Home Economy and Finance Facts, No Fiction: Growth prospects of the Indian Economy

Facts, No Fiction: Growth prospects of the Indian Economy

It is highly likely that our growth estimates may outperform the estimates of 7.2-7.5% as it did with FY Q12018-19. My bet is 7.4-7.7% would be a realistic forecast for the year, but I may not be surprised if it is beyond this figure; in fact, it would be reassuring to see growth go beyond these figures.

There has been a lot of talk regarding the performance of the Indian Economy and a bulk of the conversation has remained focused on the downside risks to growth while it has often ignored the upside potential for the same. It is almost amusing when I see commentators ignore important macroeconomic indicators while forecasting the future growth of the Indian Economy. The lack of due consideration of these variables is what results in the gross systematic errors that such forecasts make.

That being said, let’s admit that forecasts are just forecasts and they’re determined upon the information that is made available to us as of today. Thus, while modelling, we must make use of all the relevant information and data points that have been made available to us. This has been my bone of contention that most analysts tend to pick only a very narrow set of variables and this focussed approach often results in inconsistencies between the forecasts and actual growth estimates.

The forecast for FY2018-19 is at 7.2%-7.5% of GDP growth rate. Most analysts seem to agree upon this figure as an accurate assessment of what growth might look in this financial year. I, however, disagree as my assessment is that this is a very conservative estimate of the growth rate. In my opinion, the growth rate would be around 7.4-7.7% for the FY 2018-19 and this article explains why these forecasts are marginally higher than the ones presented by others.

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There are reasons to believe that the acceleration in the growth may outperform the expectations as India has entered into a positive business cycle since last year and this positive business cycle is going to provide growth with this additional momentum of up to .2% on both the lower and upper bound of the forecast.

What these graphs show is that capacity utilization of manufacturing firms went up in the year FY2017-16 and this has further accelerated in FY2018-19. The increase in capacity utilization is synonymous with the increase in private investment as a percentage of GDP as witnessed in the year FY2017-18. This means that by the end of this year, we may witness an even higher share of private investment as a percentage of the GDP.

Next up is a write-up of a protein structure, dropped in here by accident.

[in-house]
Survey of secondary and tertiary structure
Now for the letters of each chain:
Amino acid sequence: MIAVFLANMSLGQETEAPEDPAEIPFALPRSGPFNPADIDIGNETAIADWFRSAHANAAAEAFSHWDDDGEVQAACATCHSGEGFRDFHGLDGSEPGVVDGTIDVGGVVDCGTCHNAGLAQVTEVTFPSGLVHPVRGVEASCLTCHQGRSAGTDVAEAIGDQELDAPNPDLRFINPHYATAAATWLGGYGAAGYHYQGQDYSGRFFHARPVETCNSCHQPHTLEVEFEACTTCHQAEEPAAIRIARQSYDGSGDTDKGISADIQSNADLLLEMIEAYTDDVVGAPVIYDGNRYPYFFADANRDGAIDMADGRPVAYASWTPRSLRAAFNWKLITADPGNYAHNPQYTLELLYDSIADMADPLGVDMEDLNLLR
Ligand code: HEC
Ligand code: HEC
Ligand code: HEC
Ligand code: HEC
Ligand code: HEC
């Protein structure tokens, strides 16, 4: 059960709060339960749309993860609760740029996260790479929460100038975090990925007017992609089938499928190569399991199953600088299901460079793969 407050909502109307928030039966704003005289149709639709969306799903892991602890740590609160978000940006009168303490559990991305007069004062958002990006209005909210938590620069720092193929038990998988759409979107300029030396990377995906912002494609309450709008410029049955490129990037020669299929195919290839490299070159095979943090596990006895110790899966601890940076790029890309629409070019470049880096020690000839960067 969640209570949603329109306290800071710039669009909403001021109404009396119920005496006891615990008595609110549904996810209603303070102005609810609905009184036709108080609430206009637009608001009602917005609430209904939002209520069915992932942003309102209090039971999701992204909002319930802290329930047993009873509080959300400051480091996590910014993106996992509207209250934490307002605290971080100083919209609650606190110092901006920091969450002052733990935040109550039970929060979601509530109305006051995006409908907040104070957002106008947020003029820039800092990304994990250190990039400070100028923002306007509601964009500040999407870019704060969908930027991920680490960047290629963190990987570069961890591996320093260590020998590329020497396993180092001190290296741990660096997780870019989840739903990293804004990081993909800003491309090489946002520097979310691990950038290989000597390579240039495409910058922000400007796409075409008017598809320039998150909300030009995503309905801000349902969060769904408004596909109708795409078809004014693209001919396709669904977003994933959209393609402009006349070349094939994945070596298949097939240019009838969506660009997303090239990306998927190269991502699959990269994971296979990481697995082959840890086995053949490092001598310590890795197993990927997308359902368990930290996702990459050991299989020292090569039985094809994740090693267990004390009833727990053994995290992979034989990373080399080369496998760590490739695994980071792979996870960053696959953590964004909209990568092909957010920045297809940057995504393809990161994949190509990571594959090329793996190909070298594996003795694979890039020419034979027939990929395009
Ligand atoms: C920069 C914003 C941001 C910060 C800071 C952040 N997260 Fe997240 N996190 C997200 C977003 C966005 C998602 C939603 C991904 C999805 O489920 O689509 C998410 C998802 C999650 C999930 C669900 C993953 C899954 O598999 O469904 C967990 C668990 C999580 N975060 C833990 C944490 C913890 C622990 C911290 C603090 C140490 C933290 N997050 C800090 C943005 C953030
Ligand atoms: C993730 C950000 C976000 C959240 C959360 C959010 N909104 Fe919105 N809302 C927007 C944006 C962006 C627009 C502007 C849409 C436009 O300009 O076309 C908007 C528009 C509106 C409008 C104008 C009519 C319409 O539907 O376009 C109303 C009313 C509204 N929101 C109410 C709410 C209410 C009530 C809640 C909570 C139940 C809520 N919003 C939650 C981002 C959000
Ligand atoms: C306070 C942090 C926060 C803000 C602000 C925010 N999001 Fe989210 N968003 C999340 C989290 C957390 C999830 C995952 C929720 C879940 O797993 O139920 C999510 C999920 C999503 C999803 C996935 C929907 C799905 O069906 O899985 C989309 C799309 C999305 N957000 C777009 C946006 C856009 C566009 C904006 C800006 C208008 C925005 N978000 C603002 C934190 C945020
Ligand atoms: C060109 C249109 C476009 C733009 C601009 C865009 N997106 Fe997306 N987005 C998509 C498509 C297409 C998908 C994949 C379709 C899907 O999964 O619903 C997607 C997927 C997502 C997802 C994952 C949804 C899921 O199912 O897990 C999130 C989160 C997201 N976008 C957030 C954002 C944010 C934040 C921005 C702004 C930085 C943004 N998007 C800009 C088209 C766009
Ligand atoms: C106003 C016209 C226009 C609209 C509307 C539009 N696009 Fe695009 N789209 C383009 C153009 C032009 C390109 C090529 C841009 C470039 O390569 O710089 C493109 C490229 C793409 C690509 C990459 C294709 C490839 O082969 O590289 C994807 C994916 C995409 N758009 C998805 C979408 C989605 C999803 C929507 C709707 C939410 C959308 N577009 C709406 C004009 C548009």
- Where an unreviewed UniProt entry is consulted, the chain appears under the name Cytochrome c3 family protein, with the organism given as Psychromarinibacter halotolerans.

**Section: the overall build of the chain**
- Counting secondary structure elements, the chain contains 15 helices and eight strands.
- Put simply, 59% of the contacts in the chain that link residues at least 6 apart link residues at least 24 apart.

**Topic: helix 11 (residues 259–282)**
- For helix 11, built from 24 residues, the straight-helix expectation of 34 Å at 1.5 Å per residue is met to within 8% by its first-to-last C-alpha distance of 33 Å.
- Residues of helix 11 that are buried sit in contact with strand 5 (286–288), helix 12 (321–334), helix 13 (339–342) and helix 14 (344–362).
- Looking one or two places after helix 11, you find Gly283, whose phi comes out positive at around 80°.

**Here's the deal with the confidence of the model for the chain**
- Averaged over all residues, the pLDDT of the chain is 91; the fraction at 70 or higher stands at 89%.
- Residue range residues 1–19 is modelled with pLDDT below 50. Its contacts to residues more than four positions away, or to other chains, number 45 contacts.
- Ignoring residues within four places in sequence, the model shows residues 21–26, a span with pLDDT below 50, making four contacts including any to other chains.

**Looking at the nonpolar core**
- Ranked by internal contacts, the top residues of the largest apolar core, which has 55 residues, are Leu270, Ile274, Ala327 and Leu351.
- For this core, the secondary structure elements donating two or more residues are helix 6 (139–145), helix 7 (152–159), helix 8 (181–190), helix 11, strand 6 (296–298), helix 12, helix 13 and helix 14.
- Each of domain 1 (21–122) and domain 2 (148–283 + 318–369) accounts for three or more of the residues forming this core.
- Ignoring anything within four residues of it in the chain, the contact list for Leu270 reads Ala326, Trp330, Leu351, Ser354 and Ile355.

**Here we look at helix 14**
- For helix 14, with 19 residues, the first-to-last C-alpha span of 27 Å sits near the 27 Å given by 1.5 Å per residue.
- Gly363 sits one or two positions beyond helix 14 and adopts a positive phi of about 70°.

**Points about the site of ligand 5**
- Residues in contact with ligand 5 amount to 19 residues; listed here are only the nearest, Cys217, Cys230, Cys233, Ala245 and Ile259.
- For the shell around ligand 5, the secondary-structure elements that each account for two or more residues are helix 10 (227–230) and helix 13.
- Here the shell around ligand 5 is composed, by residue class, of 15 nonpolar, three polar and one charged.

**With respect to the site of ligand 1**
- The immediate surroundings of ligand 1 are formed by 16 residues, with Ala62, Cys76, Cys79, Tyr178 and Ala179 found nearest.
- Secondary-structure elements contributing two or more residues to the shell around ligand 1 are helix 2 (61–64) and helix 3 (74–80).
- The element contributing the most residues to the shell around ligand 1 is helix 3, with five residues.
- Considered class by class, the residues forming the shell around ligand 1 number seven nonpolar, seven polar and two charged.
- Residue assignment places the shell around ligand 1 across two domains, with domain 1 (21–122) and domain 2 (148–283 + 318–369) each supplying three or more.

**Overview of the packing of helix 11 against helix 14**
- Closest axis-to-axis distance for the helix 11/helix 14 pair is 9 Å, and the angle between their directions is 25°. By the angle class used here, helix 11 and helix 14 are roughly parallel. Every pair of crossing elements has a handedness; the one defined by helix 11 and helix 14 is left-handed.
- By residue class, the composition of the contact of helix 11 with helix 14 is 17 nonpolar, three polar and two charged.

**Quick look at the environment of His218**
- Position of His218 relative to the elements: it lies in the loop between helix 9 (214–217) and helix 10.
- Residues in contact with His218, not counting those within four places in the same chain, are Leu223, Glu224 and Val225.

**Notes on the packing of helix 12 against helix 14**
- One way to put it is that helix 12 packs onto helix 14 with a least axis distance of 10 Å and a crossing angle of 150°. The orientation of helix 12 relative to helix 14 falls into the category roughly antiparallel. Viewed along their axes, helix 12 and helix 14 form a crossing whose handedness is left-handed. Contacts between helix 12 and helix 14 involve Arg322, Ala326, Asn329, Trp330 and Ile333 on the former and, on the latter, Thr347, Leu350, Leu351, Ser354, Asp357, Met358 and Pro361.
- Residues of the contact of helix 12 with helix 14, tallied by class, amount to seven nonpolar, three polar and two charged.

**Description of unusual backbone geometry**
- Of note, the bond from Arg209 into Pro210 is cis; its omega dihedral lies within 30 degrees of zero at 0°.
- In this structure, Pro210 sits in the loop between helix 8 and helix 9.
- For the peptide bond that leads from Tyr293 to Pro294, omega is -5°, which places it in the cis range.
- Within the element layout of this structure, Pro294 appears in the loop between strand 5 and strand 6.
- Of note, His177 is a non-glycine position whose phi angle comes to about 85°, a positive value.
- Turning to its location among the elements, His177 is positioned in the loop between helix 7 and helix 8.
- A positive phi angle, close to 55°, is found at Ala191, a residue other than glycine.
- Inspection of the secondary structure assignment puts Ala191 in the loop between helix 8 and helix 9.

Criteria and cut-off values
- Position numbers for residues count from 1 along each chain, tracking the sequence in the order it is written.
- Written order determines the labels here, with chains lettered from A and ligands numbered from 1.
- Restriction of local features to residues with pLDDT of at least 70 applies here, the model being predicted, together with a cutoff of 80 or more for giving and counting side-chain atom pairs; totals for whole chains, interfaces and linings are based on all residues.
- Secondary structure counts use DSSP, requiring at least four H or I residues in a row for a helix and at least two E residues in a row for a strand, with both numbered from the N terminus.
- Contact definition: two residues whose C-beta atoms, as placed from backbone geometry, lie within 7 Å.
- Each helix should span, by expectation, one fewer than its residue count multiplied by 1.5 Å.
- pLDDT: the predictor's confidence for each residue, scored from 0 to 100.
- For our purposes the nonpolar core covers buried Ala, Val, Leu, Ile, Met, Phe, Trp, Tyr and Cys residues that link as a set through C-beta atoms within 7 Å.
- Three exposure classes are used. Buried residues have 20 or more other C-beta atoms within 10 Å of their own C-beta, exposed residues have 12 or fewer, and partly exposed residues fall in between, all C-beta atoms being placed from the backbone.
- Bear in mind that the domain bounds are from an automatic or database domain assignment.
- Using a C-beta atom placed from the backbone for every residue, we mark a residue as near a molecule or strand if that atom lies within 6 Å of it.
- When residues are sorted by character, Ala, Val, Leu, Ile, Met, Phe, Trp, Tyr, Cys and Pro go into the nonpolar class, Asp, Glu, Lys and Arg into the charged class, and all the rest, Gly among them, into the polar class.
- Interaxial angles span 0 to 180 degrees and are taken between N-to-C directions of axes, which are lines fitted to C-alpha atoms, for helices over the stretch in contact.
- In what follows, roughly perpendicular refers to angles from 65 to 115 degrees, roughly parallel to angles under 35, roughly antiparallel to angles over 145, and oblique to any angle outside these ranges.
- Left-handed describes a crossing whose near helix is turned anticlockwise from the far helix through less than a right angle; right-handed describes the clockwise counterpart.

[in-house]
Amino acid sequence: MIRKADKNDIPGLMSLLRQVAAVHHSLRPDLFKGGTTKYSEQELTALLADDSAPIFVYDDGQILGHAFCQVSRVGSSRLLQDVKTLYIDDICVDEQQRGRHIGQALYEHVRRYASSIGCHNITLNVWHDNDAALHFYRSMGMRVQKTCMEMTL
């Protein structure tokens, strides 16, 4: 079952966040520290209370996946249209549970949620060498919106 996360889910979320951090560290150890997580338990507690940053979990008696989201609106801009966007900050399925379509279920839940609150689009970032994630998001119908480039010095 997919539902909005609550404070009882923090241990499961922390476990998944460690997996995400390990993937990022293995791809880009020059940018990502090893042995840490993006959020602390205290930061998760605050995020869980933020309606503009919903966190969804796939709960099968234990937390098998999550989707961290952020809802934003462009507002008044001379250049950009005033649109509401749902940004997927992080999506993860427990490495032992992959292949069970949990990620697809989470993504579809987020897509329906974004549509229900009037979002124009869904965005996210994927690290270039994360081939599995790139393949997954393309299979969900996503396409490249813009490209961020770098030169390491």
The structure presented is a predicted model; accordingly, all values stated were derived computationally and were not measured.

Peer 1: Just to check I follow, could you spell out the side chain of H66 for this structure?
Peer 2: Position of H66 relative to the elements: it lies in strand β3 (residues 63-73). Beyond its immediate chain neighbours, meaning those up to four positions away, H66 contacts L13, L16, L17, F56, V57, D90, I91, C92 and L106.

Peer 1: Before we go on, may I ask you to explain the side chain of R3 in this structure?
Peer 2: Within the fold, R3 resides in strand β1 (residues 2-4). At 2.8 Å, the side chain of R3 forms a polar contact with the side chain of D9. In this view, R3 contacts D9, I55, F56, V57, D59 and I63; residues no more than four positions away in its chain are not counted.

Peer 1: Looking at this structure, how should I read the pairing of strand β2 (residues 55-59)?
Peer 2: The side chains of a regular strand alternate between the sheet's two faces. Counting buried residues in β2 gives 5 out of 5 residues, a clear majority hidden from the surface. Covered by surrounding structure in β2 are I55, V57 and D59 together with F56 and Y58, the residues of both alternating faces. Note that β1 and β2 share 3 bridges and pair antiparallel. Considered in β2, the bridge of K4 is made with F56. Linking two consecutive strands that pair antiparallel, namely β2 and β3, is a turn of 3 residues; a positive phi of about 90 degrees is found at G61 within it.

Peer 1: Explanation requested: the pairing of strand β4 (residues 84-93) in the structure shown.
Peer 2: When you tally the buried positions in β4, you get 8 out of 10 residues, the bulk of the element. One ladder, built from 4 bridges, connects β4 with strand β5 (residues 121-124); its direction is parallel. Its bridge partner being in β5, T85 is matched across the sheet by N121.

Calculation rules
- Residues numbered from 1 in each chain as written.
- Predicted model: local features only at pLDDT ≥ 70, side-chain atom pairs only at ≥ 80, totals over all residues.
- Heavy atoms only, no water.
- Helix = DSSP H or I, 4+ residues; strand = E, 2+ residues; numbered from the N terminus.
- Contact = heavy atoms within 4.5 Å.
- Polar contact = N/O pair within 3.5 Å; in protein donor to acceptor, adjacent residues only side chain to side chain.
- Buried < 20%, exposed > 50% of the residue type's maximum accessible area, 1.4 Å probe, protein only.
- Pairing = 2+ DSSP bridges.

But it is not just investment and a positive business cycle that leads me to believe that growth will outperform the expectations. I had made a similar claim for Q1FY 2018-19 estimates which most expected to be within 7.9% while the assessment we had made was putting it at above 8% when the estimates were announced, it was at 8.2%.

Other underlying reason for India’s growth to accelerate are the fact that the economy is now well transitioned from the tectonic shifts it went through due to successive reforms. Given that the economy has well absorbed the initial impact of these reforms, it is only rational to assume that the positive impacts of these reforms are going to pull up the growth this year. To talk as in econometric jargon, we used the VAR model and generated the orthogonal impulse response function to validate this claim and it shows that there is a strong indication of growth being driven up due to these reforms in this financial year itself.

There are concerns that analysts have highlighted over India’s Current Account Deficit (CAD), the decline in the value of rupee, international oil prices along with the slow global growth. These concerns are legitimate downside risks to the long-term growth potential of India but with oil prices on a decline and India deciding to buy oil from Iran, the impact of them will largely be subdued. CAD will be an issue that requires us to explore long-term solutions and the government has already indicated its desire to switch to an alternative mode of fuel such as electricity. The global growth factor is also not as significant as India’s domestic demand continues to be robust. A good example of this is the fact that the automobile sector has found it difficult to exports its products as the domestic demand is absorbing a major share of our production capacity.

Thus, it is highly likely that our growth estimates may outperform the estimates of 7.2-7.5% as it did with FY Q12018-19. My bet is 7.4-7.7% would be a realistic forecast for the year, but I may not be surprised if it is beyond this figure; in fact, it would be reassuring to see growth go beyond these figures.

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